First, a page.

To Erin Strelich, City of Los Angeles, Department of City Planning
CHINATOWN STANDS IN STRONG OPPOSITION OF ELYSIAN PARK LOFTS
We are concerned residents and supporters of the Chinatown community. We are writing to remind the City of Los Angeles, S & R Partners, and Lincoln Property Company thatChinatown is built by multi-ethnic low-income immigrants. 65% of the population identifies as Asian while 25% identifies as Latino. More than 64% are born outside of the United States.All development proposals and city planning processes in Chinatown should be culturally appropriate and attentive to the community’s social, economic, and cultural needs.
After reviewing the proposal for “Elysian Park Lofts” (“Project”) as a community, we stand instrong opposition to this development for the following reasons:
The developer has done an unacceptably poor job of outreach and communication with the Chinatown community.
None of the units in the planned development are affordable for Chinatown residents despite the community’s median household income is less than $19,000.
There are no units or amenities accessible to seniors despite seniors making up at least 20% of our community.
There are no open community spaces for families planned aside from market-rate commercial spaces for restaurants and retail shops.
The request for a 14- and a 13-story building will bring high traffic and environmental pollution to Chinatown, one of the few pedestrian-friendly neighborhoods in Los Angeles. It is a community already impacted heavily by air pollution and health disparities.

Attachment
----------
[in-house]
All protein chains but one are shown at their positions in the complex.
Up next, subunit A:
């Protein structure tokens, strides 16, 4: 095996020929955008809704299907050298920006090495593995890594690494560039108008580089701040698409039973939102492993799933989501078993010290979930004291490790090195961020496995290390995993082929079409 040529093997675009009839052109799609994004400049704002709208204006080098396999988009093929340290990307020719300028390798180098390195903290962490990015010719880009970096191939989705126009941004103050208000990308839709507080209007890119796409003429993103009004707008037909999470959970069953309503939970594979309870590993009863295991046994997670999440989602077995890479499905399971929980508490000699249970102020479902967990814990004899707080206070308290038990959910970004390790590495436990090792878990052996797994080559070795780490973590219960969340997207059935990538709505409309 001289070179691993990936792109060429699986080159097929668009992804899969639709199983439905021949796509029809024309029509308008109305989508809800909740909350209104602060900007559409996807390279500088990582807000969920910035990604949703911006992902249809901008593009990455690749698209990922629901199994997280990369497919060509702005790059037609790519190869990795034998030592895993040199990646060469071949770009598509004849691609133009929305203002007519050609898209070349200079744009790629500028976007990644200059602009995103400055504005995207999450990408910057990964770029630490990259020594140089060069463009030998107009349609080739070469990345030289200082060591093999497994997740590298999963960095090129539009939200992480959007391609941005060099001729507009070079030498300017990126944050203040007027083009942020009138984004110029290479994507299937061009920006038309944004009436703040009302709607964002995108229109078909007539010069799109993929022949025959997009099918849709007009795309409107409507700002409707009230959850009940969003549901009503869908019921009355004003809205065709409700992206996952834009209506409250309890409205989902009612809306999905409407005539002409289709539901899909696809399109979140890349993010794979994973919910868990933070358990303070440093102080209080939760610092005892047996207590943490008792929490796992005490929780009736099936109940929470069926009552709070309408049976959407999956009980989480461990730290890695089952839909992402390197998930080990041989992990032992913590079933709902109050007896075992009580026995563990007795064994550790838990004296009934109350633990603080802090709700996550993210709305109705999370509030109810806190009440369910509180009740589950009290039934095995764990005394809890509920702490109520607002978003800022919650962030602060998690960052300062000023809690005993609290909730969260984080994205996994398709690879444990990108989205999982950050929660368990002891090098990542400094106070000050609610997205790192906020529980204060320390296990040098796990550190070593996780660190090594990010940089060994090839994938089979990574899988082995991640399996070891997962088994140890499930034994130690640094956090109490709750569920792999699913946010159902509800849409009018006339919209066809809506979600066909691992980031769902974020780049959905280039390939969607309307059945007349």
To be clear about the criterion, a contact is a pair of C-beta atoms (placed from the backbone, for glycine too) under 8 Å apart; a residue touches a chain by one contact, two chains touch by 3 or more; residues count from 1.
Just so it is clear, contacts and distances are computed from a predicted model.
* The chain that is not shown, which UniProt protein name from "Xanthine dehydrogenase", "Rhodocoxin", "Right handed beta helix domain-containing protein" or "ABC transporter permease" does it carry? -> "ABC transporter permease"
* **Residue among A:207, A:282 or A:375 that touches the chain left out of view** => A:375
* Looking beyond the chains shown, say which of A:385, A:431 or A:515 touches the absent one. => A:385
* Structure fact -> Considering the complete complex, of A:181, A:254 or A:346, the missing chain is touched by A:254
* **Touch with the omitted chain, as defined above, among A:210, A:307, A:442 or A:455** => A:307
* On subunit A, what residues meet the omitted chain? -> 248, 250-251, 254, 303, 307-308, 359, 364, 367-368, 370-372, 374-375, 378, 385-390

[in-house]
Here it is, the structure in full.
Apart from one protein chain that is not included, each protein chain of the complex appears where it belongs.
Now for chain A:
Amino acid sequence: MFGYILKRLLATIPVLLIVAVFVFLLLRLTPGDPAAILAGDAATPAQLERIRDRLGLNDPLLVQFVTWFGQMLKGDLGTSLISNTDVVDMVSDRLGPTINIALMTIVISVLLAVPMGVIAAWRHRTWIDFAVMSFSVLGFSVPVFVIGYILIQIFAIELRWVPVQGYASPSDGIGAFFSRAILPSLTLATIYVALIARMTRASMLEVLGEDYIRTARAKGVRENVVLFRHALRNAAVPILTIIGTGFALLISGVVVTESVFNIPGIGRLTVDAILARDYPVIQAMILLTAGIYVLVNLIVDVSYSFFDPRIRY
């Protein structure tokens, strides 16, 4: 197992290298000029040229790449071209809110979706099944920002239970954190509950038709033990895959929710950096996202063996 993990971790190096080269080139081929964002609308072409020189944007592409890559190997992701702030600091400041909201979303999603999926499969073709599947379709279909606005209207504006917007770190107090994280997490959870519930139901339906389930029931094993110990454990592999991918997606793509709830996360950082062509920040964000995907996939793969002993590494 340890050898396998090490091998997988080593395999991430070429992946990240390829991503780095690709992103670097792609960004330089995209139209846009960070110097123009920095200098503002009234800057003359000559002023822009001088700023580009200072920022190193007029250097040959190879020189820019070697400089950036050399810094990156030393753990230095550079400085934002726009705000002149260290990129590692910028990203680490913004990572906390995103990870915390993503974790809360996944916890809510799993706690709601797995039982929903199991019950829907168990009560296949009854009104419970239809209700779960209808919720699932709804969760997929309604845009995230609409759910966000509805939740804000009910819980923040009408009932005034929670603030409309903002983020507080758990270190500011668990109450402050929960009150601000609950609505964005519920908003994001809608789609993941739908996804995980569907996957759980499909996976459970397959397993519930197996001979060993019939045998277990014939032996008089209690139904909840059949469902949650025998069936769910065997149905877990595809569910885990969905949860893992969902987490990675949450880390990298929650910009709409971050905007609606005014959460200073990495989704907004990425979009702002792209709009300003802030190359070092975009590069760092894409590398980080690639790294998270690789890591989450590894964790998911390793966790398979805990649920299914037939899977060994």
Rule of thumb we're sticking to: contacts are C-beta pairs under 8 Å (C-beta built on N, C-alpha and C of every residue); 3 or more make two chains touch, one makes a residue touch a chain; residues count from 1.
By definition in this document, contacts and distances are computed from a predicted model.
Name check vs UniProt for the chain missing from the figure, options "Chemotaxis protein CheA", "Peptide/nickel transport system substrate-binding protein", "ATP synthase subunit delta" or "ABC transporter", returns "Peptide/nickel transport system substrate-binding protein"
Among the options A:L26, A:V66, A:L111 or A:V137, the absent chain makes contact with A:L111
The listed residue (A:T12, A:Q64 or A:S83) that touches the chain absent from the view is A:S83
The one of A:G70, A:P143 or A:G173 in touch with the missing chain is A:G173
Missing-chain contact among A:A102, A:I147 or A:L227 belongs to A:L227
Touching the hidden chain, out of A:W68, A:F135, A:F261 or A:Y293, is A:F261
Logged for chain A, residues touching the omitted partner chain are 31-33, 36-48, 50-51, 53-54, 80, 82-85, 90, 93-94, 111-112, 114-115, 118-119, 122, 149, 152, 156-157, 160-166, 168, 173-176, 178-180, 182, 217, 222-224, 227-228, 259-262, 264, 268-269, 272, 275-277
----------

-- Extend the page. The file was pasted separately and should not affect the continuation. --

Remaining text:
The 920 market-rate housing units in the proposed development will increase the rent of current Chinatown residents who have already been facing a significant number of evictions and displacement over the past five years.
To reiterate, the proposed development will negatively impact all of Chinatown. Here is a detailed breakdown of our concerns and demands:
Poor Outreach Effort and Lack of Community Engagement
A project that develops 920 or more housing units, excluding townhouses and commercial units, will not only impact the residents and businesses within 500 square feet of its proposed site but the entire Chinatown community. Sending notices only within 500 square feet of the proposed project creates a de facto barrier for informed civic engagement and public input in the planning process. It is clear that the majority of Chinatown’s population were not notified of the Project, its Initial Study and Public Scoping Meeting.
We demand that there be substantive community outreach and engagement in every step of the planning process in regards to the Project and all other development proposals within or nearby Chinatown. Notices for each stage of the Project should be sent to every residential and commercial unit in Chinatown.
Inaccessible Language Leads to Exclusion of Community Input
The Project has so far failed to accommodate the community’s language needs, creating a major barrier for residents to actively engage in the planning process and voice their concerns regarding this major development proposal. The initial Notice of Preparation of Environmental Impact Report and Public Scoping Meeting was written in English despite the non-English language needs of the majority of the population. Over 60% of Chinatown residents who speak another language at home report speaking English less than “very well.”
The Notice of Preparation states under “ACCOMMODATIONS”: